|Publication number||US7712622 B2|
|Application number||US 11/632,240|
|Publication date||May 11, 2010|
|Filing date||Jul 14, 2005|
|Priority date||Jul 16, 2004|
|Also published as||CA2573910A1, CA2573910C, EP1793711A2, US7210596, US20070095829, US20070235461, WO2006019948A2, WO2006019948A3|
|Publication number||11632240, 632240, PCT/2005/25050, PCT/US/2005/025050, PCT/US/2005/25050, PCT/US/5/025050, PCT/US/5/25050, PCT/US2005/025050, PCT/US2005/25050, PCT/US2005025050, PCT/US200525050, PCT/US5/025050, PCT/US5/25050, PCT/US5025050, PCT/US525050, US 7712622 B2, US 7712622B2, US-B2-7712622, US7712622 B2, US7712622B2|
|Inventors||Joseph D. Ruccolo|
|Original Assignee||Ruccolo Joseph D|
|Export Citation||BiBTeX, EndNote, RefMan|
|Patent Citations (17), Referenced by (5), Classifications (9), Legal Events (3)|
|External Links: USPTO, USPTO Assignment, Espacenet|
The present invention is directed toward a drinking cup and more particularly, toward a drinking cup that teaches a child how to drink properly from a cup without spilling the contents thereof.
When first learning how to drink from a cup, toddlers begin by continuing to use the sucking action they associate with a nipple. Toddler cups are available and are often referred to as “sippy” cups. These cups generally have a lid with a spout extending upwardly therefrom. They also frequently have some type of valve mechanism associated with the cup that is in fluid communication with the inside of the cup and prevents the child from spilling the liquid contained within the cup when the cup is inverted or is horizontal. The child must suck on the spout in order to obtain any of the liquid contained within the cup. While such cups aid the child in moving forward in his or her development toward using a cup from which to drink, these cups do not aid a child to develop the ability to drink from a typical cup, that is, a cup that does not require a sucking action.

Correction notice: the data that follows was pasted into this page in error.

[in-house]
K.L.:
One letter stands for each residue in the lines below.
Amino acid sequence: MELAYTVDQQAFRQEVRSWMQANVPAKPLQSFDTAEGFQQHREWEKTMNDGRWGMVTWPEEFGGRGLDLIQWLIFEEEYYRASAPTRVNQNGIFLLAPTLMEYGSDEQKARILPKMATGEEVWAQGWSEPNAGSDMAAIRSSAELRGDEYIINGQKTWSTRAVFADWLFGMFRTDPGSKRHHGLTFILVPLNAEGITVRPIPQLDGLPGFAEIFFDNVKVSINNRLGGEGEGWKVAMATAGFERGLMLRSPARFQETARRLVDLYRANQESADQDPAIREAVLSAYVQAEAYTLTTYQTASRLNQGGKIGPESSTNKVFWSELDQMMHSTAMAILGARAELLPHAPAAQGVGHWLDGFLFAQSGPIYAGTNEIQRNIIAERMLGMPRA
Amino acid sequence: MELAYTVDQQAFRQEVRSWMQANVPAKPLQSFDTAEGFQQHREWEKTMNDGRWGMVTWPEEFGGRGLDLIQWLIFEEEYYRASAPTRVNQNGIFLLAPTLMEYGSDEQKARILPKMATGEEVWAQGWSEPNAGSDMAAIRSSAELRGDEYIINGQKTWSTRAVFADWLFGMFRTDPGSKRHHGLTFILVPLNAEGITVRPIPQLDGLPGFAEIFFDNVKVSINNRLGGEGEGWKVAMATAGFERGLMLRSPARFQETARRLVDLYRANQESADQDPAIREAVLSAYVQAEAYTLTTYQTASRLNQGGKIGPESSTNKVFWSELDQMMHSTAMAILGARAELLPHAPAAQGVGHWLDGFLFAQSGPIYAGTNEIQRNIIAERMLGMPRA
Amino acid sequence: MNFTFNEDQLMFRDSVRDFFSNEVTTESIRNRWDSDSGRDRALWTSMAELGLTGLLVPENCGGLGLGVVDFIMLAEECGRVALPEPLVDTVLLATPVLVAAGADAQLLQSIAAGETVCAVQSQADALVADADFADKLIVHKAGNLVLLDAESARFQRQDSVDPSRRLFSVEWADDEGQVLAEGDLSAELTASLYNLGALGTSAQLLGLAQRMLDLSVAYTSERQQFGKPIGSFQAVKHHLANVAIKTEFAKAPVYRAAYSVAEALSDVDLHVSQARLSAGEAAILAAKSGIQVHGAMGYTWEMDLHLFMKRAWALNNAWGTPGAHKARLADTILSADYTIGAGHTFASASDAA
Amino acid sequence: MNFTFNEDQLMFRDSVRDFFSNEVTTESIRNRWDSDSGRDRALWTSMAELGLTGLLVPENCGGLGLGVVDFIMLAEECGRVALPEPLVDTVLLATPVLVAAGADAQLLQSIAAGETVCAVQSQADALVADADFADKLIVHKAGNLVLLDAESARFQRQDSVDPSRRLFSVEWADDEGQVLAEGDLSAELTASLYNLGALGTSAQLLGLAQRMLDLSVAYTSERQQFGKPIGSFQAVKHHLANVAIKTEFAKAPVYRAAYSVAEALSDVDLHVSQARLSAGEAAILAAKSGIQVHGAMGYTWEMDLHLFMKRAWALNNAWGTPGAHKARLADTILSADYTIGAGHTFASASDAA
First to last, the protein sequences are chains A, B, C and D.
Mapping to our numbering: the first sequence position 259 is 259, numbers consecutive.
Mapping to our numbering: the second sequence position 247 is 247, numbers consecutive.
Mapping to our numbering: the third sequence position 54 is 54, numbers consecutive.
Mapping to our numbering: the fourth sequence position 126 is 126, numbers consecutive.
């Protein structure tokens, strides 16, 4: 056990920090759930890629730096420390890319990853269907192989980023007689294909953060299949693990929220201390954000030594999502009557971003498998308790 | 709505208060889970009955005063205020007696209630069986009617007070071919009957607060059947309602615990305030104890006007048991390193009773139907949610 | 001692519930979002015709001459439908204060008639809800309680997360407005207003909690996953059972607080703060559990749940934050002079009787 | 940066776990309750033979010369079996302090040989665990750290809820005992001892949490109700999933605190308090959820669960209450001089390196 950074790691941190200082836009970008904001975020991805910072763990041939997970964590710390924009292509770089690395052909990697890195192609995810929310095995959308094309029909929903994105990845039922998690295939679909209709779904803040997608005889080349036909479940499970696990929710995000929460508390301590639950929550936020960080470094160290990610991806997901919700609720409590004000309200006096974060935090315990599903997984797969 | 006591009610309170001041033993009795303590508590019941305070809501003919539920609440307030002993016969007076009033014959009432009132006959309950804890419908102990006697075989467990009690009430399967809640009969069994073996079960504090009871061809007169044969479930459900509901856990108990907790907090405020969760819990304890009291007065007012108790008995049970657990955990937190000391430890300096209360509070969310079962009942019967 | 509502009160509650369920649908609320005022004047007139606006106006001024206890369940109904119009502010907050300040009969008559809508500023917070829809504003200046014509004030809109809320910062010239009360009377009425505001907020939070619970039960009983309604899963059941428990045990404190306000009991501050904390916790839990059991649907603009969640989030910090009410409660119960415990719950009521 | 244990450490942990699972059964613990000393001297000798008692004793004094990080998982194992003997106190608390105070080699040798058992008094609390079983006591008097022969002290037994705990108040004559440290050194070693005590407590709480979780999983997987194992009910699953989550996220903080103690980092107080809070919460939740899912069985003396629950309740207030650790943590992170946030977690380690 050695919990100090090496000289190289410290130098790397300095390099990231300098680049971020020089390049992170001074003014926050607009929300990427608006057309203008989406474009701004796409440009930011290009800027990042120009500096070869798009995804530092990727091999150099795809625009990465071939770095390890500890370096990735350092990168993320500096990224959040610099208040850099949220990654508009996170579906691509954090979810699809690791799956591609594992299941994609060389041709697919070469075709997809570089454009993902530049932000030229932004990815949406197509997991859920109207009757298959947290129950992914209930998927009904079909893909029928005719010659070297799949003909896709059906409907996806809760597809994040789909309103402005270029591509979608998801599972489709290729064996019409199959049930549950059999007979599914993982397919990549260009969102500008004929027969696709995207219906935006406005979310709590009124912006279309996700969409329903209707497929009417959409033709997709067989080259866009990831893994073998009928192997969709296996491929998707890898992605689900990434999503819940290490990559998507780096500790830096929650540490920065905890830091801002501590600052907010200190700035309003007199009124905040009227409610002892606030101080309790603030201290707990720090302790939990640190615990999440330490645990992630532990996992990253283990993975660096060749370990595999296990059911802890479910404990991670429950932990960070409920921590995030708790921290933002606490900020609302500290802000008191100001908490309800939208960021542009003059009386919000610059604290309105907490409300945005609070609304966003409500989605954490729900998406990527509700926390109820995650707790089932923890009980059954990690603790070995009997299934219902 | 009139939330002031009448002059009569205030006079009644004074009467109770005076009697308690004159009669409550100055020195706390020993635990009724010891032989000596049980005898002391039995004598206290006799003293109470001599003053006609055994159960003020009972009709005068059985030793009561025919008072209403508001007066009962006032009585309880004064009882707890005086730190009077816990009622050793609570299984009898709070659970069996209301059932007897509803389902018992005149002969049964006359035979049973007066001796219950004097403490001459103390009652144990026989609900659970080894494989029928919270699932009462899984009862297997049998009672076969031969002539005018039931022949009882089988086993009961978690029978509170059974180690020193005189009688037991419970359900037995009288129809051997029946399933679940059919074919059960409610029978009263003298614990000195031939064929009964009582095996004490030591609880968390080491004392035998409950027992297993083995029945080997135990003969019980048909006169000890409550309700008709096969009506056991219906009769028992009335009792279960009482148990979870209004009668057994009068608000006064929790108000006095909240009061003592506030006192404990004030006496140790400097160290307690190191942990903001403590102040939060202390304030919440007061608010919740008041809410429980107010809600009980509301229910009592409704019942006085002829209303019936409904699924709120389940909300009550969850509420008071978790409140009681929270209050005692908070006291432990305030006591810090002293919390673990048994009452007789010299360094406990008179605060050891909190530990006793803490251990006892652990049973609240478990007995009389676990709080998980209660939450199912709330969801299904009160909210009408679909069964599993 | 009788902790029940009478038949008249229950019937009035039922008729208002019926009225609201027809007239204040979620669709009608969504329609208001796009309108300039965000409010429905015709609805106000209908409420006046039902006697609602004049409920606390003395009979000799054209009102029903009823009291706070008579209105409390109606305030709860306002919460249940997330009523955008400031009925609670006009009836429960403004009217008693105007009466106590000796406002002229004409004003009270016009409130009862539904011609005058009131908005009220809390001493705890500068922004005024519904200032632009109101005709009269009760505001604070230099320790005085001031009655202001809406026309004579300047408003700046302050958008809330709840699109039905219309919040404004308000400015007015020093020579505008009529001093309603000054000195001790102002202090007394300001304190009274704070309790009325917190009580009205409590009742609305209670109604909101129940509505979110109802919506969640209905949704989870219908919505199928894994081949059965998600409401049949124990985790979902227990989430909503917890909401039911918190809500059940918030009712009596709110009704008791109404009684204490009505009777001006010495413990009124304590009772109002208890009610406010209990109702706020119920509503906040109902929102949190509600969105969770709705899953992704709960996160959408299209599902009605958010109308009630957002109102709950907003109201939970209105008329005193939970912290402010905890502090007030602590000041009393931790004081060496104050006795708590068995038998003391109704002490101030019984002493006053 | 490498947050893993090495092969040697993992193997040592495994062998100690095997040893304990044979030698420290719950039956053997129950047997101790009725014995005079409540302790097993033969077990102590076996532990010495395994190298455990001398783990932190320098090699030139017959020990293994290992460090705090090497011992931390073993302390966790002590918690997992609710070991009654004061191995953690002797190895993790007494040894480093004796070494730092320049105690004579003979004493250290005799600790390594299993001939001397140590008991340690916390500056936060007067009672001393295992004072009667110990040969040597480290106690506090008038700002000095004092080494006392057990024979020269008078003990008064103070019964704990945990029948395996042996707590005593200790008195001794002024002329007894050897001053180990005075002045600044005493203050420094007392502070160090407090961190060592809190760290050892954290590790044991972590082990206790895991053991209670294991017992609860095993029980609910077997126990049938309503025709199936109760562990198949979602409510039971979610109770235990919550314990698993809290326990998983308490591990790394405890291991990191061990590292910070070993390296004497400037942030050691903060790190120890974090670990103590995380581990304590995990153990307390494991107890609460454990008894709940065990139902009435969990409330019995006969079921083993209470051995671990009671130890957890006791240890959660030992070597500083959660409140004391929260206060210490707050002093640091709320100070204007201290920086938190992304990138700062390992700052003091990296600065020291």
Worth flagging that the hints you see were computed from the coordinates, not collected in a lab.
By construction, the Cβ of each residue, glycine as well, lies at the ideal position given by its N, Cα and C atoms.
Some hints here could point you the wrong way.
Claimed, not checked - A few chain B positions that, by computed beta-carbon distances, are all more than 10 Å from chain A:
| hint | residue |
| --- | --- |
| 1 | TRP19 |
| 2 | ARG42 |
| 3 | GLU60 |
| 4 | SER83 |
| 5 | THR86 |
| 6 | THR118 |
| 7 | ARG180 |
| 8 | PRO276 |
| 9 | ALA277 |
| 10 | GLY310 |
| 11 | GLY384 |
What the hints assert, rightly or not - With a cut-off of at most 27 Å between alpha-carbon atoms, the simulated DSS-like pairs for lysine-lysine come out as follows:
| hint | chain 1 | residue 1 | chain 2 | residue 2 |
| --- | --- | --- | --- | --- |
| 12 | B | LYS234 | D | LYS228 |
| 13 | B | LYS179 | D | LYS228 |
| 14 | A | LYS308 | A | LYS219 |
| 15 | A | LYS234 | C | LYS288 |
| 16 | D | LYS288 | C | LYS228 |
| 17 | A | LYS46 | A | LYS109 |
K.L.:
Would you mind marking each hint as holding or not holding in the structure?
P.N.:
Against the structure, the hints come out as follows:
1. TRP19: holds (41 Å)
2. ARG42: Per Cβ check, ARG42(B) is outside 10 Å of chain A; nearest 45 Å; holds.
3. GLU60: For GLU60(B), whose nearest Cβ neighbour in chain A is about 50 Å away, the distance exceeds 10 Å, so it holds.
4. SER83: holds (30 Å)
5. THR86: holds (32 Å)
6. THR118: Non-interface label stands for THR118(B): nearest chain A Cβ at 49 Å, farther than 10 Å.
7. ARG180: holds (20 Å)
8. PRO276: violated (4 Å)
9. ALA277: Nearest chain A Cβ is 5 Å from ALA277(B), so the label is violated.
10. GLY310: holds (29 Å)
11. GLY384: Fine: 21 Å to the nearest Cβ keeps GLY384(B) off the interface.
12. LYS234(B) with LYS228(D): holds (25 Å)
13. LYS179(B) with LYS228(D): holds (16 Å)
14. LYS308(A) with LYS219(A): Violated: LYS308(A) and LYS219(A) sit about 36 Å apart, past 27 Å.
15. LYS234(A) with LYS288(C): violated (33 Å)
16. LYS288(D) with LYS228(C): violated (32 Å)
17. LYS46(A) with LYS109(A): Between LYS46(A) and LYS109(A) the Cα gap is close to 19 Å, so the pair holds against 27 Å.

In the next stage of the child's development, he or she begins to learn how to drink from a cup without using a sucking action. U.S. Pat. No. 6,640,992 to Berger et al. discloses a tumbler that seeks to aid a child to use a cup without the sucking action and helps to limit spills. The tumbler includes a recessed lid and an opening formed between the lid and the rim of the tumbler. In order to use the device, a child must place his or her mouth directly over the opening. Should the child place his or her mouth over any other portion of the rim of the tumbler, liquid will spill out of the opening and the child will not be able to drink.
Therefore, a need exists for a drinking cup that may be used by a child that will teach the child to drink properly from a cup without using a sucking action and that will help to prevent spills while allowing the child to drink freely from the cup.
The present invention is designed to overcome the deficiencies of the prior art discussed above. It is an object of the present invention to provide a drinking cup that teaches a child how to drink properly from a cup.
It is another object of the present invention is to provide a drinking cup that prevents spills while teaching a child to drink from the cup.
In accordance with the illustrative embodiments demonstrating features and advantages of the present invention, there is provided a drinking cup that includes an elongated, generally cylindrical housing for holding a liquid. The housing has an inside surface, an outside surface, and a bottom. Also included is an elongated, generally cylindrical insert with an inner surface and an outer surface where the insert fits within the housing and has means for providing an annular space between the outer surface of the insert and the inside surface and the bottom of the housing. The cup further includes a cap removably mounted to the housing. The annular space receives any liquid flowing between the inner surface of the insert and the outer surface of the insert. The cap has a recessed bottom within which a plurality of openings are formed. The openings are in fluid communication with the annular space formed between the insert and the housing. The space providing means of the insert includes a plurality of tabs located on the outer surface of the insert and a plurality of feet extending downwardly from the bottom of the insert. The cap may be removably mounted to the housing by screw threads formed on the cap and the housing.